SONY DSCHwang founded his lab after getting fired from Seoul National University when his claim to have produced the world’s first cloned human embryos was deemed fraudulent. He was later convicted of embezzling research funds and illegally buying human eggs, but his 18-month sentence was suspended.

Hwang has more recently has embarked on trying to clone a woolly mammoth from 10,00-year-old remains found frozen in Siberia.

Meanwhile, he’s churning out laboratory-created dogs, more than 500 of which have been born to surrogate mother dogs at his lab and kennel.

To create Mini Winnie, a piece of skin was taken from Winnie and transported to Seoul. Cells from the sample were placed inside an anonymous donor dog’s egg cell and, with a jolt of electricity, they merged.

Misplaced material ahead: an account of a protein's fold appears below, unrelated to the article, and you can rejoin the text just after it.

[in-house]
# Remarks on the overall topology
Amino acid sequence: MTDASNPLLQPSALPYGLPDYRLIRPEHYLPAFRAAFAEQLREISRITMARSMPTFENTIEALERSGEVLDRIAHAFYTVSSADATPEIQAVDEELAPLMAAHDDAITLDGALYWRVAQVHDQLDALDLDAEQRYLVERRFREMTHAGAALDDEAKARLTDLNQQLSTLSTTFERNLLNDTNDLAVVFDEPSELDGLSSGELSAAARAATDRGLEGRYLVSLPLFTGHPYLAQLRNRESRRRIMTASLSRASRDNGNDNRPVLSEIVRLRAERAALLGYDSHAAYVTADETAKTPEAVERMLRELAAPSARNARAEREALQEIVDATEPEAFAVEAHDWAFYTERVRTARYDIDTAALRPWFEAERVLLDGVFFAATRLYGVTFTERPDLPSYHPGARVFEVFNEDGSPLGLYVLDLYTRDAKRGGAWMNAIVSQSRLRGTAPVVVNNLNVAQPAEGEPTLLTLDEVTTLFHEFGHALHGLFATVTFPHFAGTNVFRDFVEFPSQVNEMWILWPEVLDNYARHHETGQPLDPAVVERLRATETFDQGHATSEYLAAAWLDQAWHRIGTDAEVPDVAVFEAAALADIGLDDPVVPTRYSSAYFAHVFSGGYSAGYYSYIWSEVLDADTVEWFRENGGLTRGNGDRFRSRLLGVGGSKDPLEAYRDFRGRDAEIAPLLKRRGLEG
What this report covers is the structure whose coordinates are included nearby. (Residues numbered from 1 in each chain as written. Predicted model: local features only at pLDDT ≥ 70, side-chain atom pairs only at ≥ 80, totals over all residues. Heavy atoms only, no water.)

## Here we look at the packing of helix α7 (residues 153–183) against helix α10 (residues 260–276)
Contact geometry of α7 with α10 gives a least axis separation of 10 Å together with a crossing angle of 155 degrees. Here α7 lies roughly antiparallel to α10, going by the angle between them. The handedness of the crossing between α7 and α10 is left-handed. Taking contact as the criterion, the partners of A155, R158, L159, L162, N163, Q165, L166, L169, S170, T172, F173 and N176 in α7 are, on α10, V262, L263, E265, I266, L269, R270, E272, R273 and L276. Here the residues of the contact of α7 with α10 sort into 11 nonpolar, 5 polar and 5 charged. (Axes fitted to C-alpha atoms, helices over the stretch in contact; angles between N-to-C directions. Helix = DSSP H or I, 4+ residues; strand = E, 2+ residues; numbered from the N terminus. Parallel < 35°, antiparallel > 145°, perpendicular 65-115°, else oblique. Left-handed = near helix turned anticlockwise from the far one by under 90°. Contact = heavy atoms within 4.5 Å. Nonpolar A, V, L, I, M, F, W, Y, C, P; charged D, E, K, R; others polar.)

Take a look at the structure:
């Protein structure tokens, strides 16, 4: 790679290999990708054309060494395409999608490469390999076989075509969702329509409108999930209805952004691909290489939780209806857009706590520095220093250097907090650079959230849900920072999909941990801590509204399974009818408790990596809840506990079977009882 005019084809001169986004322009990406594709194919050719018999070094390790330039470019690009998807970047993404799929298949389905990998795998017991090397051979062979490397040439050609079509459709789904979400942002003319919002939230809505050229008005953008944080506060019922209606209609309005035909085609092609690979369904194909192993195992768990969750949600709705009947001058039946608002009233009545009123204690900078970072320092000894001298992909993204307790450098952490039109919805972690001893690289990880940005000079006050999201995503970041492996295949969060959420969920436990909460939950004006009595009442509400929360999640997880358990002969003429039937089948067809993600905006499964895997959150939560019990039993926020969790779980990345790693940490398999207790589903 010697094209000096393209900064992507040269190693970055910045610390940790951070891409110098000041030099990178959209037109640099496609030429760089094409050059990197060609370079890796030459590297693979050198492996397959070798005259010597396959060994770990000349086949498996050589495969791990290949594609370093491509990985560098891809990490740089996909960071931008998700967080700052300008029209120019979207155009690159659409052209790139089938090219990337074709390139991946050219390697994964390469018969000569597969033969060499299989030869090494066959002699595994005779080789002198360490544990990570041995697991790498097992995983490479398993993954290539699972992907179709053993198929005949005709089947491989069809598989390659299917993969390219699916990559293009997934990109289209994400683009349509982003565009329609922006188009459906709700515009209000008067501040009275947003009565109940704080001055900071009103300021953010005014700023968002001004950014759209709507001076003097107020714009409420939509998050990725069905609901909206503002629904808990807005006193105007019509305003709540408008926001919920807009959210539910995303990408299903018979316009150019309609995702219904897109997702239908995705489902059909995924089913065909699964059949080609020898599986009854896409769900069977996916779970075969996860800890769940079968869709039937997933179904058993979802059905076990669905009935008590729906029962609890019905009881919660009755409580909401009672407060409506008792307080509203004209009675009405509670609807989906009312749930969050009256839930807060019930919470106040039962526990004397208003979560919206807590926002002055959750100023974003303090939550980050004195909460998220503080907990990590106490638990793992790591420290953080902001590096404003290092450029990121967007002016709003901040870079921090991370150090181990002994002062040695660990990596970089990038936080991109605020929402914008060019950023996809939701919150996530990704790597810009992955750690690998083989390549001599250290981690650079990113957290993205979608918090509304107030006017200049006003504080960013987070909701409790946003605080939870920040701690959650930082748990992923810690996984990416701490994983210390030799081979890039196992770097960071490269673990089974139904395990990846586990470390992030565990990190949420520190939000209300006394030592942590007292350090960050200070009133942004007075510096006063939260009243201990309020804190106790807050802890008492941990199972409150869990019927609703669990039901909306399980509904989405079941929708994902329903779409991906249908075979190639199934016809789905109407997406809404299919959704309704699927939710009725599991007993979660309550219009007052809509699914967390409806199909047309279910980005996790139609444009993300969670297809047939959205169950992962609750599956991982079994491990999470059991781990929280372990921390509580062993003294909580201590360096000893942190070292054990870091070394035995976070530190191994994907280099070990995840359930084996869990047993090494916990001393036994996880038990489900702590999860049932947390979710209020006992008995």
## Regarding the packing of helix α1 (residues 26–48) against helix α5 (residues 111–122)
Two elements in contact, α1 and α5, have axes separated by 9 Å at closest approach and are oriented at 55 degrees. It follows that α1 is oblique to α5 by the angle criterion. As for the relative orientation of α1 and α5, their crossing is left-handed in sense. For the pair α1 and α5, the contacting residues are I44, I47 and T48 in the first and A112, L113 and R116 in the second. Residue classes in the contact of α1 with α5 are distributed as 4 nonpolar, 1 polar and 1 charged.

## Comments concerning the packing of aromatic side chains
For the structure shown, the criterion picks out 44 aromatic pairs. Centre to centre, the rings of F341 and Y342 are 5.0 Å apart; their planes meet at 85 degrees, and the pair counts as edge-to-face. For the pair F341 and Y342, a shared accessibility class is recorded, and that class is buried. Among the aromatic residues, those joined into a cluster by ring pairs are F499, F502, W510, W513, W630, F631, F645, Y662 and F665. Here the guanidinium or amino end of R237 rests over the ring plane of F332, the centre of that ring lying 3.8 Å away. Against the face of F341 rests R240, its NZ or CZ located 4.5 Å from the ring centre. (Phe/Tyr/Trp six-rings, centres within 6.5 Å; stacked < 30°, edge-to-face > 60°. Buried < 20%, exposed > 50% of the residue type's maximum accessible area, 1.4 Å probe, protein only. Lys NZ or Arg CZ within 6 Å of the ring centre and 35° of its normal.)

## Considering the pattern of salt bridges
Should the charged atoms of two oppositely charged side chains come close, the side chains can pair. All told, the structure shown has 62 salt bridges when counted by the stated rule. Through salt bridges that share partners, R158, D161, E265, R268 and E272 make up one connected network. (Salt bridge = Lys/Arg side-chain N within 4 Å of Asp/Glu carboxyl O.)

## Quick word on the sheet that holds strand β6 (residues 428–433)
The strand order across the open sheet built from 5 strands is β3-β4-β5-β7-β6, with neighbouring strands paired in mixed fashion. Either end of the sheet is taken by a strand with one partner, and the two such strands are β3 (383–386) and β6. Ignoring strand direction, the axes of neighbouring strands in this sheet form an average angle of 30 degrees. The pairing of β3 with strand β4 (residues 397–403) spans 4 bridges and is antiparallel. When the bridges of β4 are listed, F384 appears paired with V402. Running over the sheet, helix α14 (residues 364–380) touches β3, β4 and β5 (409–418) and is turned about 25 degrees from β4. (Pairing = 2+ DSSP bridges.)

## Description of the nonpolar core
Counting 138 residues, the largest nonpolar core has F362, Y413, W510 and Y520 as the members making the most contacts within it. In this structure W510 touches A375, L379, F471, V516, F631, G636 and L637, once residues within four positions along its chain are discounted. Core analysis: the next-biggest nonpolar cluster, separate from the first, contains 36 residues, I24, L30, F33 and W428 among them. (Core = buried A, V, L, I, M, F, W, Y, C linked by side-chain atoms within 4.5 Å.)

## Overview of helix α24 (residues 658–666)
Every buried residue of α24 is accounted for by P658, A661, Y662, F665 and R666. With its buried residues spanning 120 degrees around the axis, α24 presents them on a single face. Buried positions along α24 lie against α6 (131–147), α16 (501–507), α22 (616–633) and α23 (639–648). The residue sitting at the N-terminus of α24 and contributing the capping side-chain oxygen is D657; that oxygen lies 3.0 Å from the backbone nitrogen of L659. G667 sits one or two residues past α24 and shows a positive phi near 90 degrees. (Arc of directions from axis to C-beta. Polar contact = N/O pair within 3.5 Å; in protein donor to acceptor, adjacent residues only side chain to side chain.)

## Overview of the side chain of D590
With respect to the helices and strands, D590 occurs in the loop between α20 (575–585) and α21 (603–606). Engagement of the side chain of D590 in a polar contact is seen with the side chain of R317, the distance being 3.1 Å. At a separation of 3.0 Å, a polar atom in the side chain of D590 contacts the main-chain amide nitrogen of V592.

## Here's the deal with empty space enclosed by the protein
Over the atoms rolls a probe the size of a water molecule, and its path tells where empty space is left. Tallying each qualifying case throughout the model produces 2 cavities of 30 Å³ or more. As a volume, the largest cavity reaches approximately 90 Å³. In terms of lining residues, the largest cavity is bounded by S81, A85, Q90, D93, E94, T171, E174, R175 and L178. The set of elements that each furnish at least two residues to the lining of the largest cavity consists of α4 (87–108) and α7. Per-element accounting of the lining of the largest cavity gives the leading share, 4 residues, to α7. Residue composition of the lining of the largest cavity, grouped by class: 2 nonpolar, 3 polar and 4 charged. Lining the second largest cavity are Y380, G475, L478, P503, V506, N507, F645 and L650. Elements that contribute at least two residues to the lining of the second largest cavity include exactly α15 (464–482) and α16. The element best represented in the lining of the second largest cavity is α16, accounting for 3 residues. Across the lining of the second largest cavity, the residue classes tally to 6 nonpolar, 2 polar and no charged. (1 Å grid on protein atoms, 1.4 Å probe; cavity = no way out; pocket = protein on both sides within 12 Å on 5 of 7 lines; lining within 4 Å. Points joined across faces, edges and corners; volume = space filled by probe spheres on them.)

Then the embryo was implanted inside a surrogate dog that gave birth, via Caesarean, to Winnie on March 30.

“The world would be a better place with more Winnies in it,” Smith, 29, says in a Channel 4 documentary, “The £60,000 Puppy: Cloning Man’s Best Friend.”

smithandwinnieSmith received the original Winnie as a present on her 18th birthday, and she says the dog helped her overcome “lots of demons,” including an eating disorder. Smith says Mini Winnie looks identical to the original, who is old and arthritic, but still alive.

Hundreds of pet owners have had dogs cloned since the first customer, a California woman who received five copies of her dead pit bull, Booger.

Critics of the process say cloning doesn’t result in the resurrection of an animal, but a laboratory-made twin, whose creation requires the involvement of numerous other dogs, and who might not act like the original at all.

Initially, two South Korean companies were cloning dogs for pet owners (and even more for research purposes), but one of the, RNL Bio, has pulled out of the dog-cloning business.